You Should Read This Story About Seattle’s “Minimum Wage Meltdown That Never Happened”

This morning, Puget Sound Business Journal published an extraordinary cover story by Jeanine Stewart. The headline? “Apocalypse Not: $15 and the cuts that never came.” The story is right now hidden behind a paywall, but PSBJ managing editor Steven Goldsmith has outlined the piece as an “Editor’s Pick.” Here’s the front page:

You don't see this kind of thing on front pages of papers very often.

You don’t see this kind of thing on front pages of papers very often.

I encourage you to go out and pick up a copy, because it’s a rare case of the media making a clear-eyed assessment of threats levied by small business owners when local government starts discussing a minimum wage increase. As an autopsy of those threats, this is top-notch work.

Stewart quotes Tom Douglas’s prediction, published by The Stranger, warning that “I don’t know that [a $15 minimum wage] would put us out of business, but I would say we lose maybe a quarter of the restaurants downtown.” Of course, anyone who has visited downtown Seattle in the last few months knows that we’re not hurting for restaurants. Stewart puts Douglas’s claims up against the facts:

Dozens of new restaurants have opened in the city since April 1, including many new eateries run by the law’s fiercest critics, such as Douglas… King County has issued 5,227 permits for food service establishments in Seattle so far this year, which new and existing restaurants must get each year. That’s well on the way to surpassing the 5,458 permits issued all last year and the 5,415 issued in 2013.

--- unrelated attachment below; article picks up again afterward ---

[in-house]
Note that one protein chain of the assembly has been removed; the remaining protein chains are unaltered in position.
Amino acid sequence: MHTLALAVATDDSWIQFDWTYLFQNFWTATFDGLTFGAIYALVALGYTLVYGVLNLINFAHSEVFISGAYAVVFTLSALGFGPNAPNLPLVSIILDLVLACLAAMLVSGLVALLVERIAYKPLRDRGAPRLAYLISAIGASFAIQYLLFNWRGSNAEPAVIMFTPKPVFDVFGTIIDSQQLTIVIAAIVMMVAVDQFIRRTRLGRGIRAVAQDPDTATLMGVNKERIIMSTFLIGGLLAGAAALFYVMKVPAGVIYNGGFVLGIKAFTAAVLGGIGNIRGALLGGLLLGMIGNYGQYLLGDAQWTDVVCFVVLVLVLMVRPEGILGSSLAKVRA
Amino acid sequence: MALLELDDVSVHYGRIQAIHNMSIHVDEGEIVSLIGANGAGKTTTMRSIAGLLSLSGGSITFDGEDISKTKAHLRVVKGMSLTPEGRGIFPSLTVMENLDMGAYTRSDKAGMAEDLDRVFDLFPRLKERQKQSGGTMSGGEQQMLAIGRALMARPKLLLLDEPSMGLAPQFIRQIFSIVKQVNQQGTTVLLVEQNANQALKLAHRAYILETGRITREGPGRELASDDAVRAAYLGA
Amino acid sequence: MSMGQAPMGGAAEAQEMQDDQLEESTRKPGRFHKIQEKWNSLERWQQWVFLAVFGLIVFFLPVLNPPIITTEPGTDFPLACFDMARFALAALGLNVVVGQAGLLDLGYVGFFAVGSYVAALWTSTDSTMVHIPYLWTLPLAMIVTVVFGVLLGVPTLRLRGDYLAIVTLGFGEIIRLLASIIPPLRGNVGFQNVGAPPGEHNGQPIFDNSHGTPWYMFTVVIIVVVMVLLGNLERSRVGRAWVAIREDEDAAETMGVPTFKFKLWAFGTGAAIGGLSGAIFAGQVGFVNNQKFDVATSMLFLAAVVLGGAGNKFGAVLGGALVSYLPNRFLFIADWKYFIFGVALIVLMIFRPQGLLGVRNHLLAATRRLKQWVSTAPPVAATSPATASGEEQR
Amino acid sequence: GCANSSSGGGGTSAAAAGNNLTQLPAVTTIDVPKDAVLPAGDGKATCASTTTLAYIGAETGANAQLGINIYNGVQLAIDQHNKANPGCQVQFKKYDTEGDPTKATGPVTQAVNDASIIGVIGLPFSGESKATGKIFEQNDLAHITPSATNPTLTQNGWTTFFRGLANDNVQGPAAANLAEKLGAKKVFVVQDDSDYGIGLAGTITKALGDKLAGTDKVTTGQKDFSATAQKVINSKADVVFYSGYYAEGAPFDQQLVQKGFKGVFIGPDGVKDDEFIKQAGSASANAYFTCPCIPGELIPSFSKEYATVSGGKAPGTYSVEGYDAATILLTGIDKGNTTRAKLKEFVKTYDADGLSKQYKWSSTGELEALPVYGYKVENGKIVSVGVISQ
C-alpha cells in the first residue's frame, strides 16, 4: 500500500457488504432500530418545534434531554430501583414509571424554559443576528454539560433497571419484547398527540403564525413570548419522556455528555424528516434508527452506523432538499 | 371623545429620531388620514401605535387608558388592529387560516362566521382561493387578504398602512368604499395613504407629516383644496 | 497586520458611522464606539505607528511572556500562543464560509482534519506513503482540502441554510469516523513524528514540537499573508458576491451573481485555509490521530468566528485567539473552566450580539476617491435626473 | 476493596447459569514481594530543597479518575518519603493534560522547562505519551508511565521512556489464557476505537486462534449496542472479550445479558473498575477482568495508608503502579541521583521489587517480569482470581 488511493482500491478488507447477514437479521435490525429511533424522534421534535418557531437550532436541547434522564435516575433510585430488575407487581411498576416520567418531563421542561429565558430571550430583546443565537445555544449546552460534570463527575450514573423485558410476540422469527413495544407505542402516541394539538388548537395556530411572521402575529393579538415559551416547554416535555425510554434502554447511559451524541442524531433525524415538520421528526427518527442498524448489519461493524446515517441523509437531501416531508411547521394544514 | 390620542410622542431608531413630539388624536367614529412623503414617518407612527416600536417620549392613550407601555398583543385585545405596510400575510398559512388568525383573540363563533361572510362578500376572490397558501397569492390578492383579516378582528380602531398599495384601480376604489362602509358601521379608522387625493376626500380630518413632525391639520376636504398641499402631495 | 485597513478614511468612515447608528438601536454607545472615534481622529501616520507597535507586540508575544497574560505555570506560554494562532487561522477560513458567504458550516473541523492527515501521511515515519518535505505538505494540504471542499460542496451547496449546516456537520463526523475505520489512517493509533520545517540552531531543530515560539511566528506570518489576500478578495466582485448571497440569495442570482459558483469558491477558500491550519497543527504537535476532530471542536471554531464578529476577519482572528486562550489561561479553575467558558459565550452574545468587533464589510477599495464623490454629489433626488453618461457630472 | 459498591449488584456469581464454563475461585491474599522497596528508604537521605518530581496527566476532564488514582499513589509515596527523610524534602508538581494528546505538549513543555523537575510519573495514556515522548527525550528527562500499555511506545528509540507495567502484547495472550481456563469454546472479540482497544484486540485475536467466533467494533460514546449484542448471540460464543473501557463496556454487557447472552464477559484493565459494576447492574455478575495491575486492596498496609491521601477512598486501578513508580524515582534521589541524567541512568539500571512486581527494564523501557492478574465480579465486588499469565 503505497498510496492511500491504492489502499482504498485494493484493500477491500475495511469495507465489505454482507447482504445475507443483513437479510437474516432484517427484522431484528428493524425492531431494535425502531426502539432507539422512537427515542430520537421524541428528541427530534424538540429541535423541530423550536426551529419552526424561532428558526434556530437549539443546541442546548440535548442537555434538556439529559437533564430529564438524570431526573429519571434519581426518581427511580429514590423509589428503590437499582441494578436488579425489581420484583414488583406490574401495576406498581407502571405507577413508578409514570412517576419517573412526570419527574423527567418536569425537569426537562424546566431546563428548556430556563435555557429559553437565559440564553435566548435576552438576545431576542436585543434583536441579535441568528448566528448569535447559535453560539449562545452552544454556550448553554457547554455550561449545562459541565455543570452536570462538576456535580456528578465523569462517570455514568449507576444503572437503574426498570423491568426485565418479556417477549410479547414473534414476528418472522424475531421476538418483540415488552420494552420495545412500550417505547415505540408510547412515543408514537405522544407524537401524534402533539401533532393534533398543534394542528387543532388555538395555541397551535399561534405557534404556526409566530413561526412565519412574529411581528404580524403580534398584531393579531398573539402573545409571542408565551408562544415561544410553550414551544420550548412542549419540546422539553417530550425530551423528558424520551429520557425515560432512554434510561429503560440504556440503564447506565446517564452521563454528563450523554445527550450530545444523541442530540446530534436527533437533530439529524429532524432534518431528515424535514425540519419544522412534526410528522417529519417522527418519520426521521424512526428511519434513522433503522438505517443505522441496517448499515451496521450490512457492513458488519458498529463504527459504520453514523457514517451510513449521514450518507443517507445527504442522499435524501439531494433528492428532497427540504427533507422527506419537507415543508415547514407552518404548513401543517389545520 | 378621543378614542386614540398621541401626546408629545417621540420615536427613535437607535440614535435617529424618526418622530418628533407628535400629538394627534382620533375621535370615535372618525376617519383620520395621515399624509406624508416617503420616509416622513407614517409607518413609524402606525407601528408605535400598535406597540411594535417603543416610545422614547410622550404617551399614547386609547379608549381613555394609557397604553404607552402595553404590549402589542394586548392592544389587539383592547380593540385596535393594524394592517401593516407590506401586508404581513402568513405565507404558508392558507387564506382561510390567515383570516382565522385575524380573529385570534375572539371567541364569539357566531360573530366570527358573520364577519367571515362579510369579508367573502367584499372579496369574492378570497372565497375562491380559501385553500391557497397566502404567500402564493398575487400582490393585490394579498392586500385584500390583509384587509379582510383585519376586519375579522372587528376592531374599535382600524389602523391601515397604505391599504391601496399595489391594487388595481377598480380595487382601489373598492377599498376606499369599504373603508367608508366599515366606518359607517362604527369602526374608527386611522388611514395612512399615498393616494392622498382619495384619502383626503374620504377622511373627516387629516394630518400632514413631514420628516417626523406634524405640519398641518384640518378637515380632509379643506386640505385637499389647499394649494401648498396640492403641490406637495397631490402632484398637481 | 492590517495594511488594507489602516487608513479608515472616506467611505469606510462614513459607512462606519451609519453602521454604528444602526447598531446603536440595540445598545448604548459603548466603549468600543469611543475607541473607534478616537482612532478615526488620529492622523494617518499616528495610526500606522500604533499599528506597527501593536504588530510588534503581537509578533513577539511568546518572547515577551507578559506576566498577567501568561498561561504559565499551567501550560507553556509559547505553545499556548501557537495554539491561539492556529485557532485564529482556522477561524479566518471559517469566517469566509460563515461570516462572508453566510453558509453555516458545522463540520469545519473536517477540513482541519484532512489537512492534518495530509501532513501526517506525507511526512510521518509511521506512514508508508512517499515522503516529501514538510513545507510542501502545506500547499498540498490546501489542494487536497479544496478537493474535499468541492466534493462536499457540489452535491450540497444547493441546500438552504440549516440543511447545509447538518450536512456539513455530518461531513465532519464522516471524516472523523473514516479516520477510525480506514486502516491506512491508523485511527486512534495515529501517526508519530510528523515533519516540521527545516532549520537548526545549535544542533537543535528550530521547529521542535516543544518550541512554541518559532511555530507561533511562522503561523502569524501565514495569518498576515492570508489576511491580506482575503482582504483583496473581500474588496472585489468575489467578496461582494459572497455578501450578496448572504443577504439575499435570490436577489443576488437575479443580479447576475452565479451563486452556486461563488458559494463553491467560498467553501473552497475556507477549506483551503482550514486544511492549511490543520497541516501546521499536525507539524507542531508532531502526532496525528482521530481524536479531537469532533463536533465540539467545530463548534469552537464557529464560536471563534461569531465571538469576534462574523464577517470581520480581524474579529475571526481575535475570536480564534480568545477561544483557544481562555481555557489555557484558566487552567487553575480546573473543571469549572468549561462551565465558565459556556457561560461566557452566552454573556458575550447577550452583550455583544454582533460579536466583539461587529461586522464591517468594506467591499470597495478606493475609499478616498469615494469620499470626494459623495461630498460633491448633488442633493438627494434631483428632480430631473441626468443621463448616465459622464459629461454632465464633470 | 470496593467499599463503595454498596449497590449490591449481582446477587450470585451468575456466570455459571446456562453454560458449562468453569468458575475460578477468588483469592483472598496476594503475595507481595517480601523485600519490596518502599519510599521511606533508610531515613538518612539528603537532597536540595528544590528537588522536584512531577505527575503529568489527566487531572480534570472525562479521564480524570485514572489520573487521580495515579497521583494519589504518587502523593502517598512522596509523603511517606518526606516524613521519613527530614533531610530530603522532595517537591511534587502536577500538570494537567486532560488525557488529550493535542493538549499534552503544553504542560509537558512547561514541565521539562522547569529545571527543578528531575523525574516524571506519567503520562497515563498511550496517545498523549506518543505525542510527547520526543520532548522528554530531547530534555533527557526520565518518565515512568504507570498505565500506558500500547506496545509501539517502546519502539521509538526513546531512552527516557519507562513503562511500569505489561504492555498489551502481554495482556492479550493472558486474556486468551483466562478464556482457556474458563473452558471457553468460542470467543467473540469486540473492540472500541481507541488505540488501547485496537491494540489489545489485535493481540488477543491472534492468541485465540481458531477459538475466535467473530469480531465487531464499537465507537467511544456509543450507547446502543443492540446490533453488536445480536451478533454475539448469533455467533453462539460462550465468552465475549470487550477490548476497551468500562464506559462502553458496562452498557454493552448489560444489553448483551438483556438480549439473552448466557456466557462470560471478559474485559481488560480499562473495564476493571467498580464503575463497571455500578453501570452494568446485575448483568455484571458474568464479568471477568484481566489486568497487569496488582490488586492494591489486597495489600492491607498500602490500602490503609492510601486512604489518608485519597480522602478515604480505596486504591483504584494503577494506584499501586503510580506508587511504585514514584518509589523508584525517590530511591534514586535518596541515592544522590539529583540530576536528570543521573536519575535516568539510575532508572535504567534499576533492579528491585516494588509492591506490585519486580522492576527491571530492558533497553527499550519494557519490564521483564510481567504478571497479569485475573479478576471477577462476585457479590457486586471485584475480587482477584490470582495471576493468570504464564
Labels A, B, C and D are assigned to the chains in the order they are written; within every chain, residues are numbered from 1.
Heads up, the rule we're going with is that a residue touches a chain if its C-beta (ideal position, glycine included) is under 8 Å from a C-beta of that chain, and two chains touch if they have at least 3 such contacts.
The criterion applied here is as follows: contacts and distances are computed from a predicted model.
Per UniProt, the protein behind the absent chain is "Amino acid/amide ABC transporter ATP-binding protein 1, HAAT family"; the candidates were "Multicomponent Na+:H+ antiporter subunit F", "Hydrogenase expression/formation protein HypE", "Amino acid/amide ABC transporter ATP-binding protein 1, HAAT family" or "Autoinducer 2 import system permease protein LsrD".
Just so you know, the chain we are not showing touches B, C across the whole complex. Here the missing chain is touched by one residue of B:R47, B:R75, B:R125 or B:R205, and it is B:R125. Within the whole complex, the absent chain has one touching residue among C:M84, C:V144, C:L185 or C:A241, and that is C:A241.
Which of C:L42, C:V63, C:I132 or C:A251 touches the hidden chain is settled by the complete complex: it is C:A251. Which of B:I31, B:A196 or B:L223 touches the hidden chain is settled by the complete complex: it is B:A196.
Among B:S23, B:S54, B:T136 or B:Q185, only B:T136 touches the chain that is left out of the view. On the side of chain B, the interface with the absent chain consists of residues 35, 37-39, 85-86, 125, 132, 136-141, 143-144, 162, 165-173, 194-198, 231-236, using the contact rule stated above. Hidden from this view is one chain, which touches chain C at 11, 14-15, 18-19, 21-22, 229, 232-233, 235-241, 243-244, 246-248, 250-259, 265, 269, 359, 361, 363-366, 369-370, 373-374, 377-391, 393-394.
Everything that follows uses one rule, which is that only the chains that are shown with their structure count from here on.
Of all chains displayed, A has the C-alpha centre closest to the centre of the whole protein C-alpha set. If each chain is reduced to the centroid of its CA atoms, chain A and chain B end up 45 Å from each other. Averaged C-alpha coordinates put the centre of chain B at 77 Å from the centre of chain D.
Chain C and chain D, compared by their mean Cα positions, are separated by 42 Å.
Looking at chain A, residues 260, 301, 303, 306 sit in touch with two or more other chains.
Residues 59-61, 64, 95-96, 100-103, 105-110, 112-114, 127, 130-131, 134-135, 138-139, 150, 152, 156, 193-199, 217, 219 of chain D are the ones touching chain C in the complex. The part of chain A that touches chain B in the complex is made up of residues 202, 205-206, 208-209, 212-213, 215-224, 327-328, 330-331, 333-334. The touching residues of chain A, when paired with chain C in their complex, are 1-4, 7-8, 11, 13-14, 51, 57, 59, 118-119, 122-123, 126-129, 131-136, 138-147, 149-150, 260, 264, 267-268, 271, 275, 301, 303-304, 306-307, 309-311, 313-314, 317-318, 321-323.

So Douglas’s prediction in that Stranger story was entirely wrong. In fact, Stewart notes, “Douglas has now changed his mind about the law, saying he was ‘naive’ to think that restaurants would raise pay on their own.” Douglas’s restaurant empire continues to expand—my favorite Douglas restaurant, Cantina Lena, opened after the minimum wage increase was approved—and his employees are happy about both developments. Stewart quotes Dezi Bonow, a head chef at another new Douglas restaurant, as praising the increase for “legitimiz[ing] cooking as a craft.”

So Tom Douglas fell on his face in public. That’s okay; if I had to eat crow, I would want one of Tom Douglas’s chefs to prepare it, because it would likely be locally sourced, organic, and entirely delicious. It’s fun to boast a little when a prediction falls completely flat, but we also have to remember that the important thing is that Douglas—and other Seattle restaurateurs—are seeing the light on this issue. It’s easy for business owners to threaten doom with scary, unsubstantiated comments when they face the prospect of paying their staff a little more. But for a business owner to admit that they were wrong when their claims don’t come true? That takes a lot of guts.

The thing is, raising the minimum wage isn’t about us vs. them. It’s about all of us. Sure, a few owners will take their unsourced cries of restaurant armageddon to the media, and sure some reporters will simply publish those threats without checking the facts. But in the end, once the minimum wage is raised, the fact is that more people will have more money to patronize those businesses. Restaurant workers in Seattle are now making enough money to eat at Tom Douglas restaurants. That’s good news for all of us.

Paul Constant

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